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Music of the Fifties
Elvis Presley - Jailhouse Rock
Music of the Fifties
Those of us who grew up with the music of the fifties know what an important part this music played in the music industry. It was the beginning of Rock n Roll in a conservative time. When Elvis Presley first appeared on the Ed Sullivan Show he was only shown from the waist up, he wiggled his hips too much for television. That's a bit hard to imagine now. Songs like the Everly Brothers' "Wake Up Little Suzie" was banned in many cities, another implausability in this day and age.
As kids or teenagers we were just concerned with wearing "A White Sports Coat and a Pink Carnation" or "Tan Shoes With Pink Shoe Laces" as we did "The Hop" or "The Mashed Potato". We weren't at all worried about provocative lyrics or gyrating hips, unless of course they were our own!
A few other dance and clothing songs:
- The Pony
- The Stroll
- The Tennessee Waltz
- The Locomotion
- Itsy Bitsy Teeny Weeny Yellow Polka Dot Bikini
- Blue Suede Shoes
- Chantilly Lace
- Bobby Sox to Stockings
The Five Satins - In The Still of The Night
You must've heard the term "Doo Wop". Rock 'n Roll or Rhythm and Blues music with harmony vocalizing. Oh, let's not forget the terms like "doo wop" or other nonsense syllables that made up the lyrics. The Doo Wop of the fifties included harmonies of falsetto voices, bass, tenor baritone bass, a true harmony of sounds, vocal harmony.
Most of the Doo Wop songs were about innocent love. You may not remember the Capris but I'll bet you remember "There's a Moon Out Tonight". How about the Drifters, did you know Ben E. King was originally with the Drifters? They sang songs like, "Magic Moment' and "Lucille".
Of course not everything stays true, "Sixty Minute Man" by the Dominoes was a double-entendre song, I will leave the rest up to you. This song used a bass singer as the lead which was not conventional at the time. "Sixty Minute Man" was featured in the movies "Bill Durham" and "Shag".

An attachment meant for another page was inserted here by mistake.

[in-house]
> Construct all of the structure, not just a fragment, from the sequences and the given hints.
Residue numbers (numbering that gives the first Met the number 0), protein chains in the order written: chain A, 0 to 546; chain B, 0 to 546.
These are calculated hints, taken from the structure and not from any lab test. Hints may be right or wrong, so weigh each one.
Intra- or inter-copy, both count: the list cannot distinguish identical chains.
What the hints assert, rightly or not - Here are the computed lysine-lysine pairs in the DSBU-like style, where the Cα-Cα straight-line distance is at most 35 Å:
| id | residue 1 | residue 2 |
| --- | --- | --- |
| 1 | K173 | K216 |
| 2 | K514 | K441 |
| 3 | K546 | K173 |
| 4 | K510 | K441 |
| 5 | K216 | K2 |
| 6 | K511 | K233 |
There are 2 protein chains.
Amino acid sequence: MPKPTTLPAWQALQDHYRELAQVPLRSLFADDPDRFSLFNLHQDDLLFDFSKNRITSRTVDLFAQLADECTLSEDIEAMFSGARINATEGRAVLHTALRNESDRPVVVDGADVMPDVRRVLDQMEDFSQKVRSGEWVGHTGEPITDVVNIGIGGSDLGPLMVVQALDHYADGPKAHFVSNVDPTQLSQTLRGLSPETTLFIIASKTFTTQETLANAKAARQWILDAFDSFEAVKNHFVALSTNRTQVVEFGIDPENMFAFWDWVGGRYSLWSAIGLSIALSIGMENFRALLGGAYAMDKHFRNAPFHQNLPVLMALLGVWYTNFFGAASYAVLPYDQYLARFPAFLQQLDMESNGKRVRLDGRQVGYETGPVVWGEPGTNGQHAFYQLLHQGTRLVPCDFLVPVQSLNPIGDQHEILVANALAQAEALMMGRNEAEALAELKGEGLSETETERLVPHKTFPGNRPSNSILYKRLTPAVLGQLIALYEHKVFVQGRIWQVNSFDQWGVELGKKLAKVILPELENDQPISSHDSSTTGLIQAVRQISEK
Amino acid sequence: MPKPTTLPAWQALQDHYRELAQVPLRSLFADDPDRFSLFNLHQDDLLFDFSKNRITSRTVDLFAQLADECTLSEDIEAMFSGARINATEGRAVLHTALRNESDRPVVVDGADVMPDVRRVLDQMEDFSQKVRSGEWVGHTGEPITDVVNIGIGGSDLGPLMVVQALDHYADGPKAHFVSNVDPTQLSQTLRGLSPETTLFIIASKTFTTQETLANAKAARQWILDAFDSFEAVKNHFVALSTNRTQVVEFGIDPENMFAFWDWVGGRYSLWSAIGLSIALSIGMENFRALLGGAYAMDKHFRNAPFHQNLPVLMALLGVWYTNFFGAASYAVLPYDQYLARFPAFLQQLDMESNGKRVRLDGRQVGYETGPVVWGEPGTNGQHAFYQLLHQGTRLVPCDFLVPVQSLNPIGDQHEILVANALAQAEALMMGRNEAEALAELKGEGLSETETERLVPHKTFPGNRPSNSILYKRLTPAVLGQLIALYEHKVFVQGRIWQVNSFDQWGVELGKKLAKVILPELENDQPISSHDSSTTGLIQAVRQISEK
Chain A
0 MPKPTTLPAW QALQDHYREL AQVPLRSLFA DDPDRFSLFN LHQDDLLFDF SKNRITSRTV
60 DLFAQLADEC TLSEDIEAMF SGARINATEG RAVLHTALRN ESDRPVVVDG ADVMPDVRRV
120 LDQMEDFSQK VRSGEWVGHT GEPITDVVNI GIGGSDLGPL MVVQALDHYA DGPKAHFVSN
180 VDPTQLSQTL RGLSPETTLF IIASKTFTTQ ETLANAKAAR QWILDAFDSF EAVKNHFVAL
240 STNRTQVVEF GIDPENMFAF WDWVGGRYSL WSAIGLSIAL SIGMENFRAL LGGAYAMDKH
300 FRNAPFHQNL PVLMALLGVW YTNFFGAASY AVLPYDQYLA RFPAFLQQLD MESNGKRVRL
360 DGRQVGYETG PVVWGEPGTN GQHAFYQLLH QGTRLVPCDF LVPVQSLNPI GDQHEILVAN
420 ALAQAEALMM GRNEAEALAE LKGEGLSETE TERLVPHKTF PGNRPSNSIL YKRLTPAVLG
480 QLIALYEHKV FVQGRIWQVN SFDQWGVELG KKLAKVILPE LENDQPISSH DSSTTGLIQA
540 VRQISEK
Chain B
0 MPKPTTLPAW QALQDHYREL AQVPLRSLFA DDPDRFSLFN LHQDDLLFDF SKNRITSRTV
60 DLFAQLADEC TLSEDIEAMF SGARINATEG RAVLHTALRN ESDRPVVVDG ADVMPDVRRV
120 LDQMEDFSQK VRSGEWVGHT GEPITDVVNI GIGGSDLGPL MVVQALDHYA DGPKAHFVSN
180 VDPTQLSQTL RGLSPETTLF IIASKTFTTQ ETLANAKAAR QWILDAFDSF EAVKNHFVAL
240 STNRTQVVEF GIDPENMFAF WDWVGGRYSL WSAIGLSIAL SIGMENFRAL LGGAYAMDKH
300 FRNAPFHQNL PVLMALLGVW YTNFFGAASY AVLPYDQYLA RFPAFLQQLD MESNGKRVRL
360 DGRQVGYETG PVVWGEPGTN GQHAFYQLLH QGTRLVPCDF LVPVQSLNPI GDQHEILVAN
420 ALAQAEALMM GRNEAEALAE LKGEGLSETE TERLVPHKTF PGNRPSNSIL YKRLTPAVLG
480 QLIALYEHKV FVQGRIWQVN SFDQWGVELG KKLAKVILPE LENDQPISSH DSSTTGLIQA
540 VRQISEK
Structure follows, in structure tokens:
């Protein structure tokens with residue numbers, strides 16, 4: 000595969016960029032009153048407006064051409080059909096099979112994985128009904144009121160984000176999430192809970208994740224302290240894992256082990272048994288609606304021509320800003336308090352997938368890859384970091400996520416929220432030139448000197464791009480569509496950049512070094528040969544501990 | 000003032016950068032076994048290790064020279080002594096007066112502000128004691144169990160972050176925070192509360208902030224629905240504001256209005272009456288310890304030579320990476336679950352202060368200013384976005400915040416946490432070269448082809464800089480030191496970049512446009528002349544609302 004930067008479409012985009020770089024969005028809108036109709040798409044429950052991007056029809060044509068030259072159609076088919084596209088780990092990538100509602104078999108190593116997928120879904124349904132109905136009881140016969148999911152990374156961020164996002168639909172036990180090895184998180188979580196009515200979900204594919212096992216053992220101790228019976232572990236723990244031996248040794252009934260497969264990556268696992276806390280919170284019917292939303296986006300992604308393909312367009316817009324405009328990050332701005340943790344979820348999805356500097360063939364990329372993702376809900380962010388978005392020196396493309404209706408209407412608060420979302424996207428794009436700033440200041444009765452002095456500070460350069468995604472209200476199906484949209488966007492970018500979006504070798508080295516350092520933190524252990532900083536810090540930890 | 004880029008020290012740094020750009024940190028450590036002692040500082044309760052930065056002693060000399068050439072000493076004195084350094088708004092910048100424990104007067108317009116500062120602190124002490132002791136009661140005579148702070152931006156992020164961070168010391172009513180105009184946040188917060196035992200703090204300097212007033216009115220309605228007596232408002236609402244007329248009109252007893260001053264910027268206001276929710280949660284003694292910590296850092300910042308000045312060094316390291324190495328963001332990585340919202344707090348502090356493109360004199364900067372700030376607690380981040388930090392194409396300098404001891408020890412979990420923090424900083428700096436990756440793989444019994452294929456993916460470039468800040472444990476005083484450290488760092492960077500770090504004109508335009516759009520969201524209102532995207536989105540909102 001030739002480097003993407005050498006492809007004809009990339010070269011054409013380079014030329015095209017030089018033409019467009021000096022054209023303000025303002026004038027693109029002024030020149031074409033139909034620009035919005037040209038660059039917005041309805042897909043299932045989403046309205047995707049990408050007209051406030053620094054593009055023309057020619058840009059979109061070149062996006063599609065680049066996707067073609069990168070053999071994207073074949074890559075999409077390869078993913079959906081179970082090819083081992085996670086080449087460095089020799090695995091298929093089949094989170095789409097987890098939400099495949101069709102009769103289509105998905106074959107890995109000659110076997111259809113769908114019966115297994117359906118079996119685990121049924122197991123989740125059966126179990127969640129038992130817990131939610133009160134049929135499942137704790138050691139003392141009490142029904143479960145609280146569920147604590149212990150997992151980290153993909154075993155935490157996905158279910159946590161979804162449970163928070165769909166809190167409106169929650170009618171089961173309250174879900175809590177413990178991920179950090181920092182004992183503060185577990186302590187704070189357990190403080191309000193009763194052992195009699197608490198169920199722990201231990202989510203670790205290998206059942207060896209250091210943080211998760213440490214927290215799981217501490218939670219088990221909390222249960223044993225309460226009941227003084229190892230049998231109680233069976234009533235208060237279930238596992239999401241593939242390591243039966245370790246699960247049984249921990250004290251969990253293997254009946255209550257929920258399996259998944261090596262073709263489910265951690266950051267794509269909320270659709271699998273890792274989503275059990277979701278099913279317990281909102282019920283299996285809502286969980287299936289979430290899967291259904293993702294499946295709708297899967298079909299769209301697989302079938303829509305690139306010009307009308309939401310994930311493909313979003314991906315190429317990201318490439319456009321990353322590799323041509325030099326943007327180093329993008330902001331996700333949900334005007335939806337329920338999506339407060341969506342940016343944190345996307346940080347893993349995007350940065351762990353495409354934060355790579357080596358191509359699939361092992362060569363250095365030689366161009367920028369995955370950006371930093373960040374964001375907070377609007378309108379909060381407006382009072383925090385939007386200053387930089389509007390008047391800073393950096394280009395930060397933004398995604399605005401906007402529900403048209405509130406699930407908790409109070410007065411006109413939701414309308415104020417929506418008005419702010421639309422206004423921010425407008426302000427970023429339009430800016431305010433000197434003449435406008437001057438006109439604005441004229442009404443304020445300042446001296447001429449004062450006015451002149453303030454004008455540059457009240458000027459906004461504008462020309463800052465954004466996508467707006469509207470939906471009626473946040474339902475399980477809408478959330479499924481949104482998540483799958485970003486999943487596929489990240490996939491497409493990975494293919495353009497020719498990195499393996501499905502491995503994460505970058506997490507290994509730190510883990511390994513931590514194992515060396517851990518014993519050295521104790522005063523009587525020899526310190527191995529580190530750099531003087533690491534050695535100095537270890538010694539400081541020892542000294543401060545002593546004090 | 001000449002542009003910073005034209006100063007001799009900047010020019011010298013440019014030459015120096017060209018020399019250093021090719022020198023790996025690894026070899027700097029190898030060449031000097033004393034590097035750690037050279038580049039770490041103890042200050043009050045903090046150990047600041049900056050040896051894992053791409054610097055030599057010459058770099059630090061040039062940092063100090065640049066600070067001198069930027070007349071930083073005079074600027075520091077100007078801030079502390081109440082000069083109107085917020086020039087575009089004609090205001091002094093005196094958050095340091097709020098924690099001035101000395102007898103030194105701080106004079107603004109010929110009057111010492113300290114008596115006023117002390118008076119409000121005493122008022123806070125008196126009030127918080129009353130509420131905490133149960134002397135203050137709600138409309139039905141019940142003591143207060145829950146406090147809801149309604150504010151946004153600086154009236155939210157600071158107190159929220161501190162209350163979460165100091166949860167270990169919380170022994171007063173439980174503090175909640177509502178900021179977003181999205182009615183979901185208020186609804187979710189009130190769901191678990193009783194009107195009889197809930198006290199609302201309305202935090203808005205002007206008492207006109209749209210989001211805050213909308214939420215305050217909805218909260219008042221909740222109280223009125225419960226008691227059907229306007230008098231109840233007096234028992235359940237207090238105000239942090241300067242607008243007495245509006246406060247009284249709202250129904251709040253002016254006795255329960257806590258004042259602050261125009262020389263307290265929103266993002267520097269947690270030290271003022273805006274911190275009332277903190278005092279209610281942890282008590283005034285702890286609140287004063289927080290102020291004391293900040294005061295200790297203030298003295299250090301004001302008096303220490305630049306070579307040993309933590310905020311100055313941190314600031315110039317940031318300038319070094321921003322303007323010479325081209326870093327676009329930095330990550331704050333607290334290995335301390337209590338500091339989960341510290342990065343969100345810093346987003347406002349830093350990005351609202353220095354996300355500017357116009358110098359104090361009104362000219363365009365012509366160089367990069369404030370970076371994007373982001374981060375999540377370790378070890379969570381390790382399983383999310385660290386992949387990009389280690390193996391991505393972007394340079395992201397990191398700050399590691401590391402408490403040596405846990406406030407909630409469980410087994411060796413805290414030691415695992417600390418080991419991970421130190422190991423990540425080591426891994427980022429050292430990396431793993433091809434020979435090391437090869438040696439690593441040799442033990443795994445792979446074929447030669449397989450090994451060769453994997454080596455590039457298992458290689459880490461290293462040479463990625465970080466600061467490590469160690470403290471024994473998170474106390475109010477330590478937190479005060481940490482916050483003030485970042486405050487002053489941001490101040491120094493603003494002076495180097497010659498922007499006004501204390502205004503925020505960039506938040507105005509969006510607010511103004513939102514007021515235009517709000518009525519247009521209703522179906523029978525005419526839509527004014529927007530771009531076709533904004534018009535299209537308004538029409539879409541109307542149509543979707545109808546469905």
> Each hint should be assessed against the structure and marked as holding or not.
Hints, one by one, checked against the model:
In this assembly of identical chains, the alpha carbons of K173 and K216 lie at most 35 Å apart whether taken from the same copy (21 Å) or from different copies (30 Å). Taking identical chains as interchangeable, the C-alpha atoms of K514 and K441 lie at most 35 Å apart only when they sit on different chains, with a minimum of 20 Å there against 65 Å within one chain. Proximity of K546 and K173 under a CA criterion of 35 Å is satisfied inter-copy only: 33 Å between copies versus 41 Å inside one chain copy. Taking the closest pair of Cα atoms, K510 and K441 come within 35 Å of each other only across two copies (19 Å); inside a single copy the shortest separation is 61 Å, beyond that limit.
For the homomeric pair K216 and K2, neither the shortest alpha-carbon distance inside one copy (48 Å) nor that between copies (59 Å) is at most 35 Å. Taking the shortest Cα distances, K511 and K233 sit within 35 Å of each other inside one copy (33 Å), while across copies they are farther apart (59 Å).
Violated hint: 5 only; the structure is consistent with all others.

Back to Doo Wop. "Get A Job" by the Silhouettes was the perfect Doo Wop song. The "shana na na na shana na na na na, ba doom" chorus fit right in the Doo Wop genre. It reached number one in 1958 and was performed on The Dick Clark Show several times. The theme of this song is endless, looking for a job while your wife is naggin' you.
I bet you've got some Doo Wop rolling around in your head right now. Who could forget "Sh Boom" by the Chords or "When You Dance" by The Turbans, that's Doo Wop! Now that you're thinking about Doo Wop, let's move on to some other great fifties music.
Girls Names Songs - Just a few
- Donna - Richie Valens
- Take a Message to Mary - Everly Brothers
- Peggy Sue - Buddy Holly
- Lorraine - The Preludes
- Linda - The Four Gents
- Gloria - Steve Colt and the Four Knights
- Valerie - Jackie and the Starlights
- Wake Up Little Suzie - Everly Brothers
- Suzie Q - Dale Hawkins
- Ruby - Richard Hayman and His Orchestra
- Mary Lou - Ronnie Hawkins
- Good Golly Miss Molly - Little Richard
- Nola - The Morgan Band
- Corinna, Corinna - Big Joe Turner
- Midnite Mary - Joey Powers
- What Will My Mary Say - Johnny Mathis
- Hello Marylou - Ricky Nelson
And much, much more!
Fifties Songs With Girls Names
There's certainly no lack of girls names in fifties songs. When you look at the list it would seem every artist had at least one song with a girl's name in it. I guess if you're going to be romantic and/or personal what better way than to sing a song to your girl?
Paul Anka wrote and sang "Diana", but though it is a romantic song he didn't write it out of love for Diana. It was just a girl he knew but I guess he liked the name. The song made it to number one on the US Billboard, US Billboard R&B Singles, Canadian Singles Chart, UK Singles Chart, Australia Singles Chart, and has sold over 9 million copies! Not a bad deal for a song written about a girl he met at church! I've mentioned in the past that Roy Orbison actually wrote the song "Claudette". He wrote it for his first wife but it was made popular by the Everly Brothers.